2015 promises to be an interesting year for those wanting to work flexibly and working parents. At a European level, the European Commission’s review and evaluation of EU-wide legislation on part-time and fixed-term work is expected. At the end of last year we also saw another attempt to revive the EU Pregnant Workers Directive, which seeks to increase paid maternity leave across the member states to 18 weeks from 14 weeks. At a country level, in the UK all employees with six months’ service now have the right to request flexible working, so we should see the impact of this change trickling through in 2015. But the radical change is the new approach to parental leave in the UK. Starting in April, working UK parents will have the ability to share up to 50 weeks’ parental leave and up to 39 weeks’ statutory parental pay. In the U.S., a case currently before the Supreme Court will consider pregnancy discrimination law, and it remains to be seen whether the Obama administration will be able to follow through on potential reforms for paid parental leave. For other jurisdictions such as China and Japan, where discrimination legislation is less advanced, global employers looking to roll out new or revised international codes of conduct or HR policies this year will need to decide if they favor consistency of approach by aligning protections with their U.S. colleagues or perhaps a lower standard of meeting local law requirements, which may not cover certain groups who are traditionally protected.
Lastly, much has been written on age-related issues as they impact the employment lifestyle. We see these issues as continuing to vex global employers for many years to come.
4. The Globetrotters and the War for Talent
Attracting, developing, and retaining talent with an increasingly global and mobile workforce remains a key trend for employers in 2015. This trend is developing both regionally and on a country-by-country basis. For example, the European Commission has just announced its own plans to develop a new approach over the next 12 months to make it an attractive destination for talents and skills.
On December 16, 2014, the European Commission announced its new Work Programme for 2015. Among the employment-related initiatives is a review of the Blue Card Directive, the EU-wide work permit for highly skilled workers, similar to the U.S. green card. At a country level, immigration is often a sensitive and high-profile issue which frequently changes to reflect the current norms for culture and politics. For the global employer, expats remain the chosen tool for getting the right people on the ground, but their use is not without its risks. Global employers in 2015 will need to continue to navigate the changing landscape of local immigration laws, tax and social security issues, the mandatory employment laws of the host country, and the conflict between the application of the host country’s statutory benefits, the workplace benefits, and those benefits available under the expat program.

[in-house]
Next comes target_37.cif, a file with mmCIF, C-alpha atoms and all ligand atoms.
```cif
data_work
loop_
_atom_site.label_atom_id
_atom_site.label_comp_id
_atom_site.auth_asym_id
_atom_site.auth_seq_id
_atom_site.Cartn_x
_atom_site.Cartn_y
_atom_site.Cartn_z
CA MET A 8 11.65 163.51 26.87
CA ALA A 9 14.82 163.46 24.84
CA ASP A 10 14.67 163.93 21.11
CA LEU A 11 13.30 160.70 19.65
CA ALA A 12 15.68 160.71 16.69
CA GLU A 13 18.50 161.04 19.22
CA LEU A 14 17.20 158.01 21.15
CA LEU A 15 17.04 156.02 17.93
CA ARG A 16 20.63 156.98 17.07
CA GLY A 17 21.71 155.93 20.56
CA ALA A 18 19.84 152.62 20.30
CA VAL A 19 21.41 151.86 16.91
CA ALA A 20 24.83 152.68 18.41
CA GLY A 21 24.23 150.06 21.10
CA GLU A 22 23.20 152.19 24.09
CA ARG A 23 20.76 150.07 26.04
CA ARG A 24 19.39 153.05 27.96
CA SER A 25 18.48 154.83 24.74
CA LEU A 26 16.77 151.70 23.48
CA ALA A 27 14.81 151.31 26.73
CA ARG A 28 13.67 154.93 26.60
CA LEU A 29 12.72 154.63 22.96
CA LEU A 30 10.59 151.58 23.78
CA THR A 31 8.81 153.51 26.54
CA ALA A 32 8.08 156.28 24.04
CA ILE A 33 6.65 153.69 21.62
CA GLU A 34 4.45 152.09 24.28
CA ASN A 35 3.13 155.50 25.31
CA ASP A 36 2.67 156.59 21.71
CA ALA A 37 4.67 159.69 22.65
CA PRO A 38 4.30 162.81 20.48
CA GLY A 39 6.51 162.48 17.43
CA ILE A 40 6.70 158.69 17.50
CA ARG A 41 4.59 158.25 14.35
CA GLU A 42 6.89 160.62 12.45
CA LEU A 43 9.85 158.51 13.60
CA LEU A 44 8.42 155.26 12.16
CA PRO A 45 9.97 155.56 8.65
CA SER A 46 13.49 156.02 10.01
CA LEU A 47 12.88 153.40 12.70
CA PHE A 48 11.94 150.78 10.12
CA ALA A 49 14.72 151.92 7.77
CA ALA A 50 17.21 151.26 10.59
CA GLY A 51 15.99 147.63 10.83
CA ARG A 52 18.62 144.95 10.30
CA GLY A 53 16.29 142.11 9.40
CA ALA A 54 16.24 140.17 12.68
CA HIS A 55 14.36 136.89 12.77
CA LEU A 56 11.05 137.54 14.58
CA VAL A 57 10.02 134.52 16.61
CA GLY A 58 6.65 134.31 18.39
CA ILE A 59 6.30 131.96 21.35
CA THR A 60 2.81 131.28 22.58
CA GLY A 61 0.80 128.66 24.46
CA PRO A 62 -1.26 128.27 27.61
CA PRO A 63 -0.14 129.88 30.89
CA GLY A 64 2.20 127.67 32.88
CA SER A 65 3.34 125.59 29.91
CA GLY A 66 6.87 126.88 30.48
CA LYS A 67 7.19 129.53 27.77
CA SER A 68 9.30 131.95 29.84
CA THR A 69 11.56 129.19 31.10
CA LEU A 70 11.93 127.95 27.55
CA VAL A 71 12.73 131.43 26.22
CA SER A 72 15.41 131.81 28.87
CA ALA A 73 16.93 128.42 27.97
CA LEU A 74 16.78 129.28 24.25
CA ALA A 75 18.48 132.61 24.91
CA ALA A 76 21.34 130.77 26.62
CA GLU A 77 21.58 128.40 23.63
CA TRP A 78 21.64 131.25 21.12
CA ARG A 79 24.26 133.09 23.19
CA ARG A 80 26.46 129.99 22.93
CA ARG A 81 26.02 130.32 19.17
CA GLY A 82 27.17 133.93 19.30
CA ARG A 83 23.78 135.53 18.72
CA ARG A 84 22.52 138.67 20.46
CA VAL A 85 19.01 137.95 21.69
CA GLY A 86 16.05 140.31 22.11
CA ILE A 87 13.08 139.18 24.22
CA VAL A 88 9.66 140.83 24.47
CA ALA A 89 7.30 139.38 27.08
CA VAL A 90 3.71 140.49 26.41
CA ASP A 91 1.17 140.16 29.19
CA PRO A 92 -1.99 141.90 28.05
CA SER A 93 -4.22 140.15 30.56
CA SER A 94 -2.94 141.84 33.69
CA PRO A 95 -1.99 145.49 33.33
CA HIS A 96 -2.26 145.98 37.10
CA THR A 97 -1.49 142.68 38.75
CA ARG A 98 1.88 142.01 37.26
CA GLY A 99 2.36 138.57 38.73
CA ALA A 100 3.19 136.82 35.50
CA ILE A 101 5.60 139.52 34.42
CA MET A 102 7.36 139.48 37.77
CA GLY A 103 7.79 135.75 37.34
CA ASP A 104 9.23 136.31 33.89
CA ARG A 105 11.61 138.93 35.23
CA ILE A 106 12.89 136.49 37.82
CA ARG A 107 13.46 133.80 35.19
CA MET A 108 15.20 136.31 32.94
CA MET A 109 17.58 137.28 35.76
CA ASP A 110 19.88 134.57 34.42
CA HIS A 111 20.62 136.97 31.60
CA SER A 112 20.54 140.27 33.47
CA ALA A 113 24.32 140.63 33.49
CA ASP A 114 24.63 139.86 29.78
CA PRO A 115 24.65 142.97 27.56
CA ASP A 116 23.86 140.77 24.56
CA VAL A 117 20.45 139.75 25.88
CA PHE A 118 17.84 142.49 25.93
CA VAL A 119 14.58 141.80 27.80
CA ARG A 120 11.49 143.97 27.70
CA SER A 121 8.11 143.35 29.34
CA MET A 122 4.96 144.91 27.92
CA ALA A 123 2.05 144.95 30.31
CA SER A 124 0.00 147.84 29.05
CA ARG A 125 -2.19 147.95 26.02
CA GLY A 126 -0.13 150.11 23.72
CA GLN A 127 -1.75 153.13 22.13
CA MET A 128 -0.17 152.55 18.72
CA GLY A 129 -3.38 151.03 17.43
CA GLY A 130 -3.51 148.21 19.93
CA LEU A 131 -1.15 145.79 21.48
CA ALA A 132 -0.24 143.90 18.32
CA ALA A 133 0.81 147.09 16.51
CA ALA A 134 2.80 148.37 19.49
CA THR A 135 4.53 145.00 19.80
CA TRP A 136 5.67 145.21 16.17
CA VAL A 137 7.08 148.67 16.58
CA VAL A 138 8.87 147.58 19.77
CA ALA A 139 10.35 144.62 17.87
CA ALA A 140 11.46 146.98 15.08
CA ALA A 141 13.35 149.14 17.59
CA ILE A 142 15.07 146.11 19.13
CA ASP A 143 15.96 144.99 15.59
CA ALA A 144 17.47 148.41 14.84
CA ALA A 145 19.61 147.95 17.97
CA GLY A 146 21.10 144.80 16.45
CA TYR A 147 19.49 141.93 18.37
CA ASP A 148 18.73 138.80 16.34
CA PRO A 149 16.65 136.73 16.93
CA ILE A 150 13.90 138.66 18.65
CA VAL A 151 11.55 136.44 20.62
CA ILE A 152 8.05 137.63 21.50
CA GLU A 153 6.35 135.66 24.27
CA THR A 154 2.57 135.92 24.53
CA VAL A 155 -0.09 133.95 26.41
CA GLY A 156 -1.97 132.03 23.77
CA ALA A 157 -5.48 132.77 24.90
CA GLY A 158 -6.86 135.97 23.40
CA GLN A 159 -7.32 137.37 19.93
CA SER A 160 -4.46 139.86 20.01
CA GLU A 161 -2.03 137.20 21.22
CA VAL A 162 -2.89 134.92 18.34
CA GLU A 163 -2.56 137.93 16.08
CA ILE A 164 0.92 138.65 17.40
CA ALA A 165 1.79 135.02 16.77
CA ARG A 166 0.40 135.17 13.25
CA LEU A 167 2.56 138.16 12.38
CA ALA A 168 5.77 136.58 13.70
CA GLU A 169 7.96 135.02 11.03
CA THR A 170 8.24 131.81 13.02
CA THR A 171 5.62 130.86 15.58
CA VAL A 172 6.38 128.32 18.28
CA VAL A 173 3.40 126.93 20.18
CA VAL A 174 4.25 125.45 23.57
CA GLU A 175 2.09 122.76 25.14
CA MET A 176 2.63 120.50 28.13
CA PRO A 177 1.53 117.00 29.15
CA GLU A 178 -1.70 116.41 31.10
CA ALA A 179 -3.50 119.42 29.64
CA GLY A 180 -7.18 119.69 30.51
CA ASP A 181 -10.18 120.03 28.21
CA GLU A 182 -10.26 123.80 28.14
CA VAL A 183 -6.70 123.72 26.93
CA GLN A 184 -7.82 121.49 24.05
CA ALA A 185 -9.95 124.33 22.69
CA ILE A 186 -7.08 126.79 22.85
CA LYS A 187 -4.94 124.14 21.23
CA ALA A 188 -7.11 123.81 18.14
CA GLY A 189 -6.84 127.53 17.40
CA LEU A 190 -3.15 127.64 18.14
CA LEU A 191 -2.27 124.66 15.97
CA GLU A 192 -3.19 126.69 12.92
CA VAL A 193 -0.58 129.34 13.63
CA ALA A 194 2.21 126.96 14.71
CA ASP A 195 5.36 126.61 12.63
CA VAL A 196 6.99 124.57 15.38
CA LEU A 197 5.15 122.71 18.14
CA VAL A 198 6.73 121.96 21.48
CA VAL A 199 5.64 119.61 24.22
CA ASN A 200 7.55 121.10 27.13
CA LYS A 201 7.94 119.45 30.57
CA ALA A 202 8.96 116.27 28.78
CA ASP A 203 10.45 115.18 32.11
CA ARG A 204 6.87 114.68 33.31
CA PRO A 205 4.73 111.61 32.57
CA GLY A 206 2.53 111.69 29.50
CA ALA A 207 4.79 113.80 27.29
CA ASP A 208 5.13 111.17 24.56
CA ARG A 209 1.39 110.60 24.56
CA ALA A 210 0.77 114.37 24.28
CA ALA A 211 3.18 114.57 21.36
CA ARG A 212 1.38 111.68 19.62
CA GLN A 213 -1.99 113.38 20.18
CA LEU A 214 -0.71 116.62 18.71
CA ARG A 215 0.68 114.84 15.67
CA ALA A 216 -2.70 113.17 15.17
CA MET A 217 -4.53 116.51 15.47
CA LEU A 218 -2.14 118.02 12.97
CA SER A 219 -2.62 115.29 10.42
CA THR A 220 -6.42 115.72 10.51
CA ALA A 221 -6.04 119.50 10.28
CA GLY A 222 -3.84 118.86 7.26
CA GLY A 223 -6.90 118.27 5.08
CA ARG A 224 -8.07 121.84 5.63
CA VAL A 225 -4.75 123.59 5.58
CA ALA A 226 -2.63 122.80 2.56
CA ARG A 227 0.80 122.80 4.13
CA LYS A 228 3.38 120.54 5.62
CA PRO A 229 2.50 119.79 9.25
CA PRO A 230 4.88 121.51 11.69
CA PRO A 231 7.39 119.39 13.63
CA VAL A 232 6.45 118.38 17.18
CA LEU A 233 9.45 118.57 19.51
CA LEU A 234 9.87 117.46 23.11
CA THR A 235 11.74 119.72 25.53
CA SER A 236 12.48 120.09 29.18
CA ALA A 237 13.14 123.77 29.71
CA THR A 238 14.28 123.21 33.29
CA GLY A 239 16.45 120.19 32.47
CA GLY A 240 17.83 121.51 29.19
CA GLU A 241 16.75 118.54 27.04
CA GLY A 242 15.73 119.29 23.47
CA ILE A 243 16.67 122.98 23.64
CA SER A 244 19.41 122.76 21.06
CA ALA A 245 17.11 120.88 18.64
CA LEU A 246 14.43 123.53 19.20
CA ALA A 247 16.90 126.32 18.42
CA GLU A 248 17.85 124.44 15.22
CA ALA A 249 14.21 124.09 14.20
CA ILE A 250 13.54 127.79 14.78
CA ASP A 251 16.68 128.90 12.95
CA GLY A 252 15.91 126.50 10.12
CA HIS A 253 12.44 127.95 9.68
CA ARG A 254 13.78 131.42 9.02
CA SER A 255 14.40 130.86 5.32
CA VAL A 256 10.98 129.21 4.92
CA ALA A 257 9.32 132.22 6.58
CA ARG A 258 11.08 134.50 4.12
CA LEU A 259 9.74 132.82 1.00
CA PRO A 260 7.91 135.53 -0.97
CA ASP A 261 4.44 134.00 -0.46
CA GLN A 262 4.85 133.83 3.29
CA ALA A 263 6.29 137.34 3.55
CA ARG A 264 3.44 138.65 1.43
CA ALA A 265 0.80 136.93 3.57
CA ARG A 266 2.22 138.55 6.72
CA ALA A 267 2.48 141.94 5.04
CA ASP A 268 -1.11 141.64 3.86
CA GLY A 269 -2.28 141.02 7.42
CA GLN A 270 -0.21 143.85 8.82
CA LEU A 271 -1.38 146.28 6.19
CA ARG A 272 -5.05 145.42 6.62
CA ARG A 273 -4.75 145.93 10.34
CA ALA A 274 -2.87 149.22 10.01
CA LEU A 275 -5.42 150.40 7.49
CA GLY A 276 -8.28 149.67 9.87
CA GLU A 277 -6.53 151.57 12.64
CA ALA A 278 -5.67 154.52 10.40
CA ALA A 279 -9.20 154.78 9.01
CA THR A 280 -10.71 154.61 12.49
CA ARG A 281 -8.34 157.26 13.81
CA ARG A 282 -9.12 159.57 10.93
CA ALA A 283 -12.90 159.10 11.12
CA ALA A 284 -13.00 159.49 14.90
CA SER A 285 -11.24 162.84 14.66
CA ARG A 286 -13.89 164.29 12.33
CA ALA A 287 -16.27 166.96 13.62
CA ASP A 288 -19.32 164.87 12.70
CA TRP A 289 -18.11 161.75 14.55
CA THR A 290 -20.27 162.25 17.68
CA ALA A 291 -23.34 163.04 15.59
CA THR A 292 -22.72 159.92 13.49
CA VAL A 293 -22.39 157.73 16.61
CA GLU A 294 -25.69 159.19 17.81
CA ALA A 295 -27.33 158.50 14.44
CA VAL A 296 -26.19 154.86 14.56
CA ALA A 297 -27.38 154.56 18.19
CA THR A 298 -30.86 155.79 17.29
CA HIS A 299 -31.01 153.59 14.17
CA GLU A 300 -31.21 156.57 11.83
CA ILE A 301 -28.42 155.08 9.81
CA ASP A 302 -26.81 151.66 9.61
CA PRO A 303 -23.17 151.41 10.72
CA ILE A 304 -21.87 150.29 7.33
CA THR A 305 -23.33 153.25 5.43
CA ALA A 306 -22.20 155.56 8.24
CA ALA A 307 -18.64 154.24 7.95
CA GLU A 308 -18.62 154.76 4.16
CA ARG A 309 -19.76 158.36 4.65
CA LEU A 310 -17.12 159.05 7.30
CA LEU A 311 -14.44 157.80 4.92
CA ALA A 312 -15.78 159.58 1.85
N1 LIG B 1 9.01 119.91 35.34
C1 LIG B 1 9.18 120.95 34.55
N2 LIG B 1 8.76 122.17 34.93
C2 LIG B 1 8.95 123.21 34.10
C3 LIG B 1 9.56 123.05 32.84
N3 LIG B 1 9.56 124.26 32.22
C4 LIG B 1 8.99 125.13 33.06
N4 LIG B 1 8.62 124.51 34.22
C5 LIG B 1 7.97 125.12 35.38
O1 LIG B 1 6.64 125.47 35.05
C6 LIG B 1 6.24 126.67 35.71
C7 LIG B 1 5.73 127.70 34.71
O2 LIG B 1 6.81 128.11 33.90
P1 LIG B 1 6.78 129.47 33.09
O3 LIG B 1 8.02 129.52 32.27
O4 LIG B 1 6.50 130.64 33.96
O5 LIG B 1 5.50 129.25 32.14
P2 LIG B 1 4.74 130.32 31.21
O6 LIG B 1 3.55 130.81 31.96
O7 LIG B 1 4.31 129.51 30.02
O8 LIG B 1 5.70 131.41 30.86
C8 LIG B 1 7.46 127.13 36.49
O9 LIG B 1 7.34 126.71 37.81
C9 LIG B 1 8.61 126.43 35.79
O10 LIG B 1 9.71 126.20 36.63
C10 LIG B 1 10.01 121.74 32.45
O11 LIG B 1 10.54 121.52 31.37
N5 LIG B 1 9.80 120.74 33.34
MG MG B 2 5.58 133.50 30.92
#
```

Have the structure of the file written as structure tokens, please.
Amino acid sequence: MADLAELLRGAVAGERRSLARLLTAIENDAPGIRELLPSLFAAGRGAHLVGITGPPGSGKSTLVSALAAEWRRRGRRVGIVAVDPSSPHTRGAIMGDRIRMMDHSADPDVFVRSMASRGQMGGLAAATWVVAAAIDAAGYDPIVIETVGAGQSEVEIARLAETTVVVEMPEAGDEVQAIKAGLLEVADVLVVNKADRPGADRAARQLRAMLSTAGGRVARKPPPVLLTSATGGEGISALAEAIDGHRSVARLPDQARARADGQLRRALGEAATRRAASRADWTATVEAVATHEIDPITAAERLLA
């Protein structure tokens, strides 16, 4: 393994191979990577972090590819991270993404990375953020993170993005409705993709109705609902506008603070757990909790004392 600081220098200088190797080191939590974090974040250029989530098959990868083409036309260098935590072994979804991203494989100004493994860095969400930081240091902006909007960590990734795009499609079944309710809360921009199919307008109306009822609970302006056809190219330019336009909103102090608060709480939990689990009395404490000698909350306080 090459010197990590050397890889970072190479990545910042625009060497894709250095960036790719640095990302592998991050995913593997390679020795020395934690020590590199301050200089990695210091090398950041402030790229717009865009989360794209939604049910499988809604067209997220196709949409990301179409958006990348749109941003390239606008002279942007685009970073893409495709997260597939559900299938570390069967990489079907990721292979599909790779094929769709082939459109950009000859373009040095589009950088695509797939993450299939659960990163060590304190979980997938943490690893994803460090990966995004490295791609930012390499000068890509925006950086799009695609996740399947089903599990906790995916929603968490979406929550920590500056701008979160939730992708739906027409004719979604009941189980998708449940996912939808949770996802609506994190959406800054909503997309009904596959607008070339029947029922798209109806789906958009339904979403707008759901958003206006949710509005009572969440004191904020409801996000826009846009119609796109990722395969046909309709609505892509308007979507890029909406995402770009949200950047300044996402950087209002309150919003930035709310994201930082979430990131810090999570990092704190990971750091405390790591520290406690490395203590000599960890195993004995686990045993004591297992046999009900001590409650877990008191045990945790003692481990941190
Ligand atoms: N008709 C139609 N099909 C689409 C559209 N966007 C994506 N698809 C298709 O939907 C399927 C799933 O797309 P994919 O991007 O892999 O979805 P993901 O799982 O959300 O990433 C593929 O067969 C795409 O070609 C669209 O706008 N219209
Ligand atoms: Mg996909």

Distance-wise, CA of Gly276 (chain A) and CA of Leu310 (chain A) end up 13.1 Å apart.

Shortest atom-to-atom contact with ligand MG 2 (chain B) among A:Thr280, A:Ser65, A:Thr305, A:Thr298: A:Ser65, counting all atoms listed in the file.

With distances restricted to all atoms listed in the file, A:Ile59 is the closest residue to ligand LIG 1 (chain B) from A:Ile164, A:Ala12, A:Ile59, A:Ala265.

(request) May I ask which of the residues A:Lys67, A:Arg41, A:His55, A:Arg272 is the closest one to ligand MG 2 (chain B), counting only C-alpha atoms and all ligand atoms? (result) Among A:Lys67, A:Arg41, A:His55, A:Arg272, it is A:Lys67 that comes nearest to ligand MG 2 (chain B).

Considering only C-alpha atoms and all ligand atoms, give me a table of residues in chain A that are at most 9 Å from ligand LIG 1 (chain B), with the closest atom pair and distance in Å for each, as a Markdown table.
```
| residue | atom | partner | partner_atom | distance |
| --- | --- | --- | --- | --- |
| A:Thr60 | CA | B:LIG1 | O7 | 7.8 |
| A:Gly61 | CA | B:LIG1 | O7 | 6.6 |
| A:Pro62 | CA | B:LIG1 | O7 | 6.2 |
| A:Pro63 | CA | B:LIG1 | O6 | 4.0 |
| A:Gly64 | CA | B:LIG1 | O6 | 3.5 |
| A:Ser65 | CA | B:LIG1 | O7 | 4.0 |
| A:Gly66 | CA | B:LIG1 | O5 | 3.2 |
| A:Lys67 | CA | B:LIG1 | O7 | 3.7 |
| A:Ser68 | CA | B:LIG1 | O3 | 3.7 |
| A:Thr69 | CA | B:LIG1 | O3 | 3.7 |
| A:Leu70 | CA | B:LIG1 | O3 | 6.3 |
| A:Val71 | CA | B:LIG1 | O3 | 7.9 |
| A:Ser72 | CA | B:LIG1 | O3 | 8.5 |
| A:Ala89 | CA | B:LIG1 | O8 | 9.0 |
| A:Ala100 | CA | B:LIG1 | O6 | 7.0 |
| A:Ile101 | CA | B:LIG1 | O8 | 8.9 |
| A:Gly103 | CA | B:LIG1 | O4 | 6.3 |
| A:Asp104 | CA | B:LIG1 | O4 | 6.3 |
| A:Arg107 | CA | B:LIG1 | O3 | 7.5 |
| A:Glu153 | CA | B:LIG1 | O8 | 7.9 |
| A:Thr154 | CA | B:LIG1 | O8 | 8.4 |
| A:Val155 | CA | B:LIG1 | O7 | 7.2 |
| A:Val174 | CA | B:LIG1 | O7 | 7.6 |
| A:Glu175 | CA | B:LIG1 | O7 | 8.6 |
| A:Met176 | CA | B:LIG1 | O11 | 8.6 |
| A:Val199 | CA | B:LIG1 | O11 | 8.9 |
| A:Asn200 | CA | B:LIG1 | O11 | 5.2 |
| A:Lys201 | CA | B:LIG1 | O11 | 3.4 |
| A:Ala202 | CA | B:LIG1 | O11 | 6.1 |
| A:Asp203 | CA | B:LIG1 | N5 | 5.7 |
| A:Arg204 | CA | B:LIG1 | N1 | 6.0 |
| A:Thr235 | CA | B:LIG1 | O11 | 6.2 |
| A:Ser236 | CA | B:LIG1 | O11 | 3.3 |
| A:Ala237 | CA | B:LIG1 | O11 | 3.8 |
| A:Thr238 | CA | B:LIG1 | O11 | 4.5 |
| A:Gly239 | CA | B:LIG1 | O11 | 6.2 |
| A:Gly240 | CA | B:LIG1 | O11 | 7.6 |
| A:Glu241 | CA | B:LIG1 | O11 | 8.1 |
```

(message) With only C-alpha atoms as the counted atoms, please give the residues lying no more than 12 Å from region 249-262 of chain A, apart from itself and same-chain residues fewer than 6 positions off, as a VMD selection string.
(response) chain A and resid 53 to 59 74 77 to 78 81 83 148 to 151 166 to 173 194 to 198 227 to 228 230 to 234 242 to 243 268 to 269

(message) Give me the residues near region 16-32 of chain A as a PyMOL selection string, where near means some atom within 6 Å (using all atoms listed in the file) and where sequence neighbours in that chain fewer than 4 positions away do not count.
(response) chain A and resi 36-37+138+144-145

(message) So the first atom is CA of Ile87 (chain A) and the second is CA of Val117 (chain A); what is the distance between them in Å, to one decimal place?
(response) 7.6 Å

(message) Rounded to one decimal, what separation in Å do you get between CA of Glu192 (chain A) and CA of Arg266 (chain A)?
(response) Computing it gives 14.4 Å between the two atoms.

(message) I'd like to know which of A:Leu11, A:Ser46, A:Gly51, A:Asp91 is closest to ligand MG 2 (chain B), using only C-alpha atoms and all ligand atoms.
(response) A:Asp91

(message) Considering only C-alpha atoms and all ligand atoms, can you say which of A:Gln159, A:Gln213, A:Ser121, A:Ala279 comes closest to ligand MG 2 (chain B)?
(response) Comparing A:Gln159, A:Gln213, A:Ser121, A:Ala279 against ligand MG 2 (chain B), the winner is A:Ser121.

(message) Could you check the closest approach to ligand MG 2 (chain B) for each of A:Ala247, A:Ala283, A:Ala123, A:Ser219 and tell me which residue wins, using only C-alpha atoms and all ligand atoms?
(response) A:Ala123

5. Delicate Balance: Personal Rights and Freedoms in the Digital Workplace
The issues arising from the use of modern technology and social media in the workplace are no longer a new trend, but we are seeing case law and legislation around the world continue to develop as employers navigate the conflicts between rights and freedoms to strike a balance between an employee’s personal life and their workplace persona.
At an EU level, the proposed new EU data protection regulation continues to be discussed, but substantial progress has been made under the Italian presidency. The current view is that there will be agreement in 2015, but our sources predict early 2016. When implemented, it will have a radical impact on workplaces across the 28 EU member states and how global employers interact with their EU-based workforce.
In the meantime, case law continues to develop on a piecemeal basis to plug the gaps on the boundaries between personal and public, where legislation simply cannot keep pace with the developments of technology and the employees' use of it. Here are the current issues before the court:
In the UK, a recent case considered whether Twitter was more public than Facebook, and the impact on the fairness of the dismissal. In France, a recent opinion by the employment section of the Supreme Court held that text messages on work Blackberries are accessible to an employer if they are not marked private. In Germany, a case before the courts will consider whether comments made on Facebook about a mobile phone provider who was also a customer of her employer were private or could justify her dismissal. In the U.S., a series of recent cases have examined whether employers' social media policies have violated the National Labor Relations Act by interfering with a workers' right to discuss work-related issues for the purposes of collective bargaining. In Japan, case law continues to develop slowly, but an employer must still have reasonable grounds to restrict the employee’s private activities. In China, mainland Chinese courts now recognize posts on social media sites to be admissible evidence in employment disputes. In Hong Kong, a senior employee who was fired for circulating a YouTube video link to clients was awarded substantial damages by the Court after it held the employer had overreacted to the employee's conduct.
As is evident from the above, these issues will continue to be scrutinized by the courts in 2015 and beyond.